CHAUDIÈRE NOIRE (“Black Cauldron”), one of the most formidable of the Onondaga chiefs, an enemy of the French; d. 1697.
In 1682, after 17 years of peace, the Iroquois were trying to pick a quarrel with the French. Some of these Indians, and particularly Chaudière Noire, bore them a great deal of ill will. In that year the great Onondaga warrior brought four Ottawa prisoners back to Montreal. In revenge for being badly received by the governor of the place, François-Marie Perrot, Chaudière Noire pillaged Fort Cataracoui (Frontenac), which he again attacked in August and September 1687.
In 1688 Chaudière Noire took part in the embassy that the Five Nations sent to Governor Brisay* de Denonville. In August 1691 the Onondaga chief and about 600 men, “like a river overflowing its banks,” fell upon the most isolated villages. From Montreal the Chevalier de Callière* sent 300 Frenchmen and friendly Indians to war against the Iroquois. At a short day’s march beyond Cataracoui the expedition terminated in a French victory.
In the spring of 1692 a group of Senecas, accompanied by Chaudière Noire and some of his men, were hunting at the Chaudière rapids. They were to spend the summer months there, ready to pounce upon the French who used to pass on their way to and from Michilimackinac. When they reached the Long Sault, the French were attacked and scattered by Chaudière Noire at the head of 140 men.
On 15 July 1692 at La Chesnaye Chaudière Noire carried off 3 Indian boys and 14 settlers who were busy drying their hay. Immediately Callières launched in pursuit a party of Frenchmen who were reinforced by 26 Indians from the Saint-Louis falls (Sault Saint-Louis) and the village of La Montagne (at Montreal). Two leagues above the Long Sault they caught up with Chaudière Noire, who succeeded in escaping by swimming across the Ottawa River. The expedition freed 9 Frenchmen and the 3 young Indians, killed a score of Chaudière Noire’s warriors, and took about the same number of prisoners, among whom was the Iroquois chief’s wife. Because she wished to escape, she was killed some months later. On their side the French lost 11 men, including 4 officers.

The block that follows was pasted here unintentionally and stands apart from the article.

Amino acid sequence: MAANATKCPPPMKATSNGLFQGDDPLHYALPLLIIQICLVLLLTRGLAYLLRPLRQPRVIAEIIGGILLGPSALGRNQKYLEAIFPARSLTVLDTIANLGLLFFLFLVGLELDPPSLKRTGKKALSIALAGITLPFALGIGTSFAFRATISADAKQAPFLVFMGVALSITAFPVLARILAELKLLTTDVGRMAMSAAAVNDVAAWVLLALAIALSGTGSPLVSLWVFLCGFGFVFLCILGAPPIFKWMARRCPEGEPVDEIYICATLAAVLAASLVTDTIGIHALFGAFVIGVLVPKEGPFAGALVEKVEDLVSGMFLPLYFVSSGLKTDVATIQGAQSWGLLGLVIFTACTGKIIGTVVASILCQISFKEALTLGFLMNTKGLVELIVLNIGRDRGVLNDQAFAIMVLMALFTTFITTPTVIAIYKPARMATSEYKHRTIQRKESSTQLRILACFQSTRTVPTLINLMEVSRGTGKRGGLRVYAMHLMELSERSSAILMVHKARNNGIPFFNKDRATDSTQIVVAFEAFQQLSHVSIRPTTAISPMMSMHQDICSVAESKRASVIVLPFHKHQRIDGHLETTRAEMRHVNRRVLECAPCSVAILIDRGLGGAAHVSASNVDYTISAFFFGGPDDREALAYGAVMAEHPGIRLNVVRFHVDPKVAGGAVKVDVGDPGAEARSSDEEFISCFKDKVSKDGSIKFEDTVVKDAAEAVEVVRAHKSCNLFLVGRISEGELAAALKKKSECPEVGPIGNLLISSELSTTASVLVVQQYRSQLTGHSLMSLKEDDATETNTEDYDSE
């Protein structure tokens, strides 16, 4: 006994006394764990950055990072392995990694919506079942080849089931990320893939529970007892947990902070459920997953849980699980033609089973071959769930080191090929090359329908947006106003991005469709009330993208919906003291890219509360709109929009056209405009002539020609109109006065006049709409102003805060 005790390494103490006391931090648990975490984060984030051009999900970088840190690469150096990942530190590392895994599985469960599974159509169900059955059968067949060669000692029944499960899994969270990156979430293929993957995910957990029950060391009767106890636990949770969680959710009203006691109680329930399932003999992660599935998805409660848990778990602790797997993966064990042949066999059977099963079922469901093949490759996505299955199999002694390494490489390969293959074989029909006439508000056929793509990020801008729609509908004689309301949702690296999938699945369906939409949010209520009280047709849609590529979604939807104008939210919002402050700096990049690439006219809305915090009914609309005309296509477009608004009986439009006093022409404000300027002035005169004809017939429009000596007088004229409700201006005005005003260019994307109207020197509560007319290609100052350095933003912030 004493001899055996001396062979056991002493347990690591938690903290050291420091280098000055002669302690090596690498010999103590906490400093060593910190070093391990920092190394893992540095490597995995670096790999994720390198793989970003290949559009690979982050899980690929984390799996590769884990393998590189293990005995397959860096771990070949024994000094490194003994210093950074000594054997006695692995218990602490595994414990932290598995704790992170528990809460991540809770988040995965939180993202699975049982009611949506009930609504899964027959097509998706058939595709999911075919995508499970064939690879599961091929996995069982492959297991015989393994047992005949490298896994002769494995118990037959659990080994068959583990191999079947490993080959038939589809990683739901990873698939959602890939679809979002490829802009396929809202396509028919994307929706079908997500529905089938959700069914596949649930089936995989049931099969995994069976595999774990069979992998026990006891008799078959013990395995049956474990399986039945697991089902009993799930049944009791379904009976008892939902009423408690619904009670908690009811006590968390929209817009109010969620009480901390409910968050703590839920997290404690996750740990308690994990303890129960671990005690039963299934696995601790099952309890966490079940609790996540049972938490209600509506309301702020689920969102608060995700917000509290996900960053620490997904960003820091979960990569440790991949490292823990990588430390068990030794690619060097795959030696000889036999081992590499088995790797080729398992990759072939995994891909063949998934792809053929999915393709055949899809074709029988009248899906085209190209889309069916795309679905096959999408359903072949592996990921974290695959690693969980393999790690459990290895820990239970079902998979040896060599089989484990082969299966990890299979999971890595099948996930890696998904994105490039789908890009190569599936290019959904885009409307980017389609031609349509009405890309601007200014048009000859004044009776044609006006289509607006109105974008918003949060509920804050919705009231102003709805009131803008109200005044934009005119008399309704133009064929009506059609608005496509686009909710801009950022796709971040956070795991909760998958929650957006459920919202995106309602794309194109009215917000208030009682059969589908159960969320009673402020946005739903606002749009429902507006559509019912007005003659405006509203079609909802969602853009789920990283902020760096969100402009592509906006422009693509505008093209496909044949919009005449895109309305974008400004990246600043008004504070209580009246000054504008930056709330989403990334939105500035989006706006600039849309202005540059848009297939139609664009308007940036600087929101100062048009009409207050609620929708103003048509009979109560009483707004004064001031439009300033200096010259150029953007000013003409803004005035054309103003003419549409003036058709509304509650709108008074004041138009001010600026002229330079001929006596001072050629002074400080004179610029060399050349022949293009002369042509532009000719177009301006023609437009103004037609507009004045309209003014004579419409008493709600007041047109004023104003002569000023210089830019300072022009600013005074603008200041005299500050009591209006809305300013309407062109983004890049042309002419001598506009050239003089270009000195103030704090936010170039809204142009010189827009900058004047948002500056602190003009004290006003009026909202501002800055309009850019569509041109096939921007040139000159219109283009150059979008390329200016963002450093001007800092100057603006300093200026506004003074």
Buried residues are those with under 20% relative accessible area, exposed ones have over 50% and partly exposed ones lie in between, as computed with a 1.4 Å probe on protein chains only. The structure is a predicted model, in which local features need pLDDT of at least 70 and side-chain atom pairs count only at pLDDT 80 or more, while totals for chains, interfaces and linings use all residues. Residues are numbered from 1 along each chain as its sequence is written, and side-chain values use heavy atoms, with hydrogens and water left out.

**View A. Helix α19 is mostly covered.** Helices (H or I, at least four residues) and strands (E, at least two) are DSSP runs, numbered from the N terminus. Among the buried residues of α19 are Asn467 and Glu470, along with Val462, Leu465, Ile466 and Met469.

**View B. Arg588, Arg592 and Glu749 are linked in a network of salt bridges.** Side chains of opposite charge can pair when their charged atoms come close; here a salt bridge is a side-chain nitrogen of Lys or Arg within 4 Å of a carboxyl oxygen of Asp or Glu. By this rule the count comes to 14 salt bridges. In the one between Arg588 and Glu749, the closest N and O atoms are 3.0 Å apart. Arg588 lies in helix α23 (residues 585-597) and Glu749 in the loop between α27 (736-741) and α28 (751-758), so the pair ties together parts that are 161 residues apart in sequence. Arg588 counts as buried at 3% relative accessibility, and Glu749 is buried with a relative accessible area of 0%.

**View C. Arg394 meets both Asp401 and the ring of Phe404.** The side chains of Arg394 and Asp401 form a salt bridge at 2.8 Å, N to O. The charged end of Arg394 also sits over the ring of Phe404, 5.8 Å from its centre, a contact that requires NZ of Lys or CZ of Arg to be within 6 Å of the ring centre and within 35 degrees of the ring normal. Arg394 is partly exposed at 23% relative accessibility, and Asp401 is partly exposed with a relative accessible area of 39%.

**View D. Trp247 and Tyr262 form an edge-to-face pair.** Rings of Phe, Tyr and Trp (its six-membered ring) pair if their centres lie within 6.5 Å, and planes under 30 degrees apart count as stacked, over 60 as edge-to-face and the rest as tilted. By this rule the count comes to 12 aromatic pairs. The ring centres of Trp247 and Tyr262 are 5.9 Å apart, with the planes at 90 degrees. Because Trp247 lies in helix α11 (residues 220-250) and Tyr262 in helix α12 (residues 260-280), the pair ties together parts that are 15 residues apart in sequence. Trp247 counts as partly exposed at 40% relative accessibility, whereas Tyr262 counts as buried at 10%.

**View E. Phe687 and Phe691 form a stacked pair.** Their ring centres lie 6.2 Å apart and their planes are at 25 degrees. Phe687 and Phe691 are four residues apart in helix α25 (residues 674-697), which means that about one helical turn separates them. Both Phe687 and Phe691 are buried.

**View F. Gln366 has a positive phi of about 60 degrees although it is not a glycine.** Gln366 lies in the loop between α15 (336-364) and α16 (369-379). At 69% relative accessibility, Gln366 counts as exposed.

When Frontenac [see Buade] was thinking of making peace with the Iroquois, Chaudière Noire came close to Cataracoui on the pretence of hunting and sent a message to the commanding officer, M. Dufrost de La Gemerais, saying that the elders of the upper cantons were going to Quebec to conclude peace. It was true. While these Iroquois were hunting game along the Bay of Quinte, 34 young Algonkins took them by surprise. Chaudière Noire was killed by a young Indian, Kiouet. His new wife and half the people in his expedition also perished.
Charlevoix, Histoire, III. La Potherie, Histoire, III, IV. NYCD (O’Callaghan and Fernow), IX. Ferland, Cours d’histoire du Canada, II, 133. Gérard Malchelosse, “Kiȣet et La Chaudière Noire,” La Revue Nationale, IV (1922), 341–45. Vachon de Belmont, Histoire du Canada.
Cite This Article
Henri Béchard, “CHAUDIÈRE NOIRE,” in Dictionary of Canadian Biography, vol. 1, University of Toronto/Université Laval, 2003–, accessed September 2, 2014, http://www.biographi.ca/en/bio/chaudiere_noire_1E.html.
The citation above shows the format for footnotes and endnotes according to the Chicago manual of style (16th edition). Information to be used in other citation formats:Permalink: http://www.biographi.ca/en/bio/chaudiere_noire_1E.html
|Author of Article:||Henri Béchard|
|Title of Article:||CHAUDIÈRE NOIRE|
|Publication Name:||Dictionary of Canadian Biography, vol. 1|
|Publisher:||University of Toronto/Université Laval|
|Year of publication:||1966|
|Year of revision:||1966|
|Access Date:||September 2, 2014|